Healthcare Quarterly 7(2) March 2004 : 36-41.doi:10.12927/hcq..16623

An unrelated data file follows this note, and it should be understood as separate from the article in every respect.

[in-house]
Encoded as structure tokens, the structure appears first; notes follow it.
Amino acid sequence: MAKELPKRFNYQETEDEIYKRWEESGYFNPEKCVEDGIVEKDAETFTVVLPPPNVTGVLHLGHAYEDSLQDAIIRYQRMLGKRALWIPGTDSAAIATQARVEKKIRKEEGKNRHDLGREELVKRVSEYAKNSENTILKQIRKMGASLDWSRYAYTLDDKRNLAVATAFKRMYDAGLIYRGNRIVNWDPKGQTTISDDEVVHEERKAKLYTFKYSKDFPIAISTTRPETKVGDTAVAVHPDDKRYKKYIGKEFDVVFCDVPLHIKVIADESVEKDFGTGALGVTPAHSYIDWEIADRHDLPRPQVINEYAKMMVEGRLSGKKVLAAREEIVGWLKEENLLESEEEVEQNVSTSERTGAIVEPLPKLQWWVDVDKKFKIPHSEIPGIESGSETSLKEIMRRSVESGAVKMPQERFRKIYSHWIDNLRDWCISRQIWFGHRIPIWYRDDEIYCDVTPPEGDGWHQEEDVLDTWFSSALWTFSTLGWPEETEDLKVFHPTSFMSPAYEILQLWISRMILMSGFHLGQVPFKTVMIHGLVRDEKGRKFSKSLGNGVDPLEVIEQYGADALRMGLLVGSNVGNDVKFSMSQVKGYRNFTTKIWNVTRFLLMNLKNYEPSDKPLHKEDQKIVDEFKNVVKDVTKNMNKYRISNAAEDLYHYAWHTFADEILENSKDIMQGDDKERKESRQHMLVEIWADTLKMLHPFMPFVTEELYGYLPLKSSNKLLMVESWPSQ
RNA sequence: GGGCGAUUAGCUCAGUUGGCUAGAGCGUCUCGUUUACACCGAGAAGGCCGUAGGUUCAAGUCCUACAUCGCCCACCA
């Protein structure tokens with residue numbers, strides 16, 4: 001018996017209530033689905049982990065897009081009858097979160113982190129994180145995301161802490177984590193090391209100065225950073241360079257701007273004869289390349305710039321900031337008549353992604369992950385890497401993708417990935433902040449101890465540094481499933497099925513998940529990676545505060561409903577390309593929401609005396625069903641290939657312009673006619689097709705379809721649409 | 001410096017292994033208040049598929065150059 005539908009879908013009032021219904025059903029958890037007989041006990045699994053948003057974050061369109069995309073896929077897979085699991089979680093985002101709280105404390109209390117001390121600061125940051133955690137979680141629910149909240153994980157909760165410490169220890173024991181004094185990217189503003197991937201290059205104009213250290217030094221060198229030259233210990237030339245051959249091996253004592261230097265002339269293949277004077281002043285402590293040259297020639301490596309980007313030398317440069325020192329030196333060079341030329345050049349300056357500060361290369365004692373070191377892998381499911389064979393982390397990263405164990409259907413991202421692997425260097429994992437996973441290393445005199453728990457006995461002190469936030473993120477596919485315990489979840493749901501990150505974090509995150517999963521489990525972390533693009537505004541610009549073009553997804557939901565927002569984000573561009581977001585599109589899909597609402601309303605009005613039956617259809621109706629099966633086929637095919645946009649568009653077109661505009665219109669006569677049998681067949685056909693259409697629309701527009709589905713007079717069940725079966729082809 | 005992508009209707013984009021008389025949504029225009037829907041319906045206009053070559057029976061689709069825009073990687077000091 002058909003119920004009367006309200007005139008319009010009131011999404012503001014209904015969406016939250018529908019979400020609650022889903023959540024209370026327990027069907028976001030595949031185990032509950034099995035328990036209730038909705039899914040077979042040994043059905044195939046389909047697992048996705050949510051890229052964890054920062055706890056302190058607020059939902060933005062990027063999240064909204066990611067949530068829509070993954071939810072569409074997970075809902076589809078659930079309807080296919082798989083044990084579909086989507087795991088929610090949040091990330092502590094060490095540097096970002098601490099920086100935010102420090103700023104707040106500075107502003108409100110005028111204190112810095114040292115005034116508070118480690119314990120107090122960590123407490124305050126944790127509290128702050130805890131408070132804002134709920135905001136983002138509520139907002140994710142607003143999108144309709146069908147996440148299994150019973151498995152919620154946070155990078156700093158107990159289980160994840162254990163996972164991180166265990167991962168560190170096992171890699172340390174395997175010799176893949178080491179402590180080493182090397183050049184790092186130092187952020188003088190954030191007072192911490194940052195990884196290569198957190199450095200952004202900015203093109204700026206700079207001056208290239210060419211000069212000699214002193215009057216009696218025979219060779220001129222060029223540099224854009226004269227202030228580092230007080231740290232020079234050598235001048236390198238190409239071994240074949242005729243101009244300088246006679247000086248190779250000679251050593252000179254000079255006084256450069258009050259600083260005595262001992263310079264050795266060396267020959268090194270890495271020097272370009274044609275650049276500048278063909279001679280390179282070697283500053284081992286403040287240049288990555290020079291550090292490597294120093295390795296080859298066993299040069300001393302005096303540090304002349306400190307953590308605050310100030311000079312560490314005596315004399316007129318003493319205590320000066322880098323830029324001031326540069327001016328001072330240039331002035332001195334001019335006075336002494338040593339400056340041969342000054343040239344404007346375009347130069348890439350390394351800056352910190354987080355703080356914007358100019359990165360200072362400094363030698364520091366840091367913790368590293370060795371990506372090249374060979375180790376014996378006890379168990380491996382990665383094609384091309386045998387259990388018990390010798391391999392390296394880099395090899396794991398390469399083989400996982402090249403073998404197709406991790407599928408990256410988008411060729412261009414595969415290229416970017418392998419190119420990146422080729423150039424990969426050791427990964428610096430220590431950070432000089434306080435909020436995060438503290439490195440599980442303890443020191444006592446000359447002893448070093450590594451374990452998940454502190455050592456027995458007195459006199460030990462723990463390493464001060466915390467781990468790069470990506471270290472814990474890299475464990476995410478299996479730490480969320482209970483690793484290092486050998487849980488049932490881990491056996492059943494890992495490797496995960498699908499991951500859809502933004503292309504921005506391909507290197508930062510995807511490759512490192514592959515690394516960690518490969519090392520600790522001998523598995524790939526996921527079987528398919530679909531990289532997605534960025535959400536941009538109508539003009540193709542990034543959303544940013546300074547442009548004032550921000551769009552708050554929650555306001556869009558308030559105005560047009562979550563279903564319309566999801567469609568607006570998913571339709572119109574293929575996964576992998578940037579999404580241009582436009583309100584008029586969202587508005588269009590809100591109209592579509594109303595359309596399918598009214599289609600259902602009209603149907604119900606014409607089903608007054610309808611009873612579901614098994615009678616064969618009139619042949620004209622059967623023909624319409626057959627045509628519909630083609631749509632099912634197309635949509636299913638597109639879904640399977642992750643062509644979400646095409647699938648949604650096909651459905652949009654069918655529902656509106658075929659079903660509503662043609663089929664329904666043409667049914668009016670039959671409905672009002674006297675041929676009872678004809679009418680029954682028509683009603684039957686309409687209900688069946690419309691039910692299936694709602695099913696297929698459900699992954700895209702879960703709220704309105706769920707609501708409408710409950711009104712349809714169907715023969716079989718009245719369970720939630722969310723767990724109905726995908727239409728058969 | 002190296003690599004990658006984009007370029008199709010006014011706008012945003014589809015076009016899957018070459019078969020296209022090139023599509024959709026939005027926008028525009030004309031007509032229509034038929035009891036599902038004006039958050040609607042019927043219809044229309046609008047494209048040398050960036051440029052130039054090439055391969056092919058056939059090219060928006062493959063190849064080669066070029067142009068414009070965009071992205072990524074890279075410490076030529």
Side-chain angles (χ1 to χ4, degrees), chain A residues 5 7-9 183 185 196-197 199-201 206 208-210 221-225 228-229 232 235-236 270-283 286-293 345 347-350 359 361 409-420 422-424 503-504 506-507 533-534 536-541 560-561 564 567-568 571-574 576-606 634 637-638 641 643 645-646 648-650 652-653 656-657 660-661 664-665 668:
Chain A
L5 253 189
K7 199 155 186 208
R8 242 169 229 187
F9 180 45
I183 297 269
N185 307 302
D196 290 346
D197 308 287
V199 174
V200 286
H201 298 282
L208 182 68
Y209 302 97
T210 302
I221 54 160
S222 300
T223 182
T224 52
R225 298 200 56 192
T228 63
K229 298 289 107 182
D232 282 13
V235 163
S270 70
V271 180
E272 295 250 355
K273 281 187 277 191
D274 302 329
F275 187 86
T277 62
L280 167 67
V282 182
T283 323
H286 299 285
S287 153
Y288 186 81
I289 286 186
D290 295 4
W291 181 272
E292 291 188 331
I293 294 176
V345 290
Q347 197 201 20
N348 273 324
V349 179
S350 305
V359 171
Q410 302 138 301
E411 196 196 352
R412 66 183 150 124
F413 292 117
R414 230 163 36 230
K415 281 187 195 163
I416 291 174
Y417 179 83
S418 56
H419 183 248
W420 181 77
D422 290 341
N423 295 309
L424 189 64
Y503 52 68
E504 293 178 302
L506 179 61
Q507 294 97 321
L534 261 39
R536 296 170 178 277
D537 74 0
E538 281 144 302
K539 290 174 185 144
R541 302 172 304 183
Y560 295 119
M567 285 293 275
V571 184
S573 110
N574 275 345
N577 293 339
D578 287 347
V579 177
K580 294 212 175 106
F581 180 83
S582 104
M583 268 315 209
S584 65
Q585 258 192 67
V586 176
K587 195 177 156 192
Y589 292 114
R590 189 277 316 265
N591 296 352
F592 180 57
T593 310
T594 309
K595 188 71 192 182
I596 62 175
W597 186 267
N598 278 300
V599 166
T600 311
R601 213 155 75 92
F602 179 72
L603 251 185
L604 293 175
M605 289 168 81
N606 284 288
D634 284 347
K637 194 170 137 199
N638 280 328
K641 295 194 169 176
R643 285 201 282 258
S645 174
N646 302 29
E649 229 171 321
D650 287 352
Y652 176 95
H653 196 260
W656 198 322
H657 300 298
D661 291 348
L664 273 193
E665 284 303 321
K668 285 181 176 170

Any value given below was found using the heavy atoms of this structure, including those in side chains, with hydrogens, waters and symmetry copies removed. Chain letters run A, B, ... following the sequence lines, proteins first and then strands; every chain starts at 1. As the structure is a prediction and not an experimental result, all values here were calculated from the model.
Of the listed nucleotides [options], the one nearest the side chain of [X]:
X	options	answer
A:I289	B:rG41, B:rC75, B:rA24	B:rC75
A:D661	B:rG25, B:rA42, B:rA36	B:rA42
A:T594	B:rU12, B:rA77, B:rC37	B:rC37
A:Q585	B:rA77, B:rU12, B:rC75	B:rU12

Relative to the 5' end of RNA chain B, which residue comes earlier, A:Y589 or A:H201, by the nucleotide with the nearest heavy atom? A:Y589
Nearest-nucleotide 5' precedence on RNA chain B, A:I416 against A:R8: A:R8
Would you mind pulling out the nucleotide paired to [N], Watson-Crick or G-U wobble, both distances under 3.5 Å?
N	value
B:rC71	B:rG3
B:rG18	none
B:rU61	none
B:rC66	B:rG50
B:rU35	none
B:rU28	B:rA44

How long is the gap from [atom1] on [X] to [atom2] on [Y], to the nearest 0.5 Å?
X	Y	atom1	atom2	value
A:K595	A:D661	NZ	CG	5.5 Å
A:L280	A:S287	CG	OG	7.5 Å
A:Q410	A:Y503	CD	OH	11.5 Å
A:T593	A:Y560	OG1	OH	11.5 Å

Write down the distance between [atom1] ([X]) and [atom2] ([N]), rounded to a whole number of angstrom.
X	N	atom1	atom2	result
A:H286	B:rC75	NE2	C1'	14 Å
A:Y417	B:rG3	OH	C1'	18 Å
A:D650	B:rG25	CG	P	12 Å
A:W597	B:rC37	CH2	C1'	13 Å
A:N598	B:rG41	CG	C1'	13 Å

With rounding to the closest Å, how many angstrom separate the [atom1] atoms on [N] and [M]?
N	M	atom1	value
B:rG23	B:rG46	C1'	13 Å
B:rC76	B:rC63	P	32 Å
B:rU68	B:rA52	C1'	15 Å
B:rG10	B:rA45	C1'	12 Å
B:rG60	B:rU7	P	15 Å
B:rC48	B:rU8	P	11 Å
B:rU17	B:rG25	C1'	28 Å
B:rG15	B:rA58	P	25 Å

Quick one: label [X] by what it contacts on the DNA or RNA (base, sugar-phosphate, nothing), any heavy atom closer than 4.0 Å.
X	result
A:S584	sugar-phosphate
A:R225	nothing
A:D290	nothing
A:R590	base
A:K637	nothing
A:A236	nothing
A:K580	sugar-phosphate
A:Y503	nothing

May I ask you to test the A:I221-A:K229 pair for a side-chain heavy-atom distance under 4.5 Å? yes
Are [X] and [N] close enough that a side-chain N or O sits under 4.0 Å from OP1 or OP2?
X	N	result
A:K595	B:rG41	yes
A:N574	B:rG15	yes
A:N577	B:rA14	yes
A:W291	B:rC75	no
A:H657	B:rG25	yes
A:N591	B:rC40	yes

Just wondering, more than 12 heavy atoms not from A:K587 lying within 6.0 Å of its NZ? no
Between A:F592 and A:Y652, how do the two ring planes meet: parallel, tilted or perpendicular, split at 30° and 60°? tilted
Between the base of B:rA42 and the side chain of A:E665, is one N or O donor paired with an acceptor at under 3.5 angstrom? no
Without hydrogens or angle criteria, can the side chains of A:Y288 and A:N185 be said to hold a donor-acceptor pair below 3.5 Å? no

In November 2003, senior managers of Sunnybrook and Women's College Healthcare Centre in Toronto announced that lapses in the disinfection of equipment used for prostate biopsies had put more than 800 men at risk of blood-borne diseases (Woods 2003). In the next two months, nine other hospitals in Ontario reported infection control problems with similar diagnostic equipment and the Minister of Health ordered an audit (Greenburg 2004; Woods and Greenburg 2003). Earlier that year, a study of a patient-controlled analgesia (PCA) pump suggested that difficulties in programming such pumps may have contributed to patient deaths (Scully 2003). Stories like these in the past year have created growing attention to adverse events in Canadian healthcare and prompted questions about whether healthcare in Canada is safe and what is being done to improve it. While individual hospitals and regions are mounting patient safety efforts, these problems are systemic and require policy and organizational responses from governments and health regions, not just individual organizations. How are governments and other organizations responding to the calls to improve healthcare safety? This article provides an overview and examples of current initiatives based on reviews of documents and websites, interviews with key informants in several provinces and attendance at patient safety meetings in several cities. As we shall see, although several provinces are beginning to address the patient safety issues, there remain important challenges of leadership, coordination and learning that are essential in gaining public confidence in the safety of our healthcare system.
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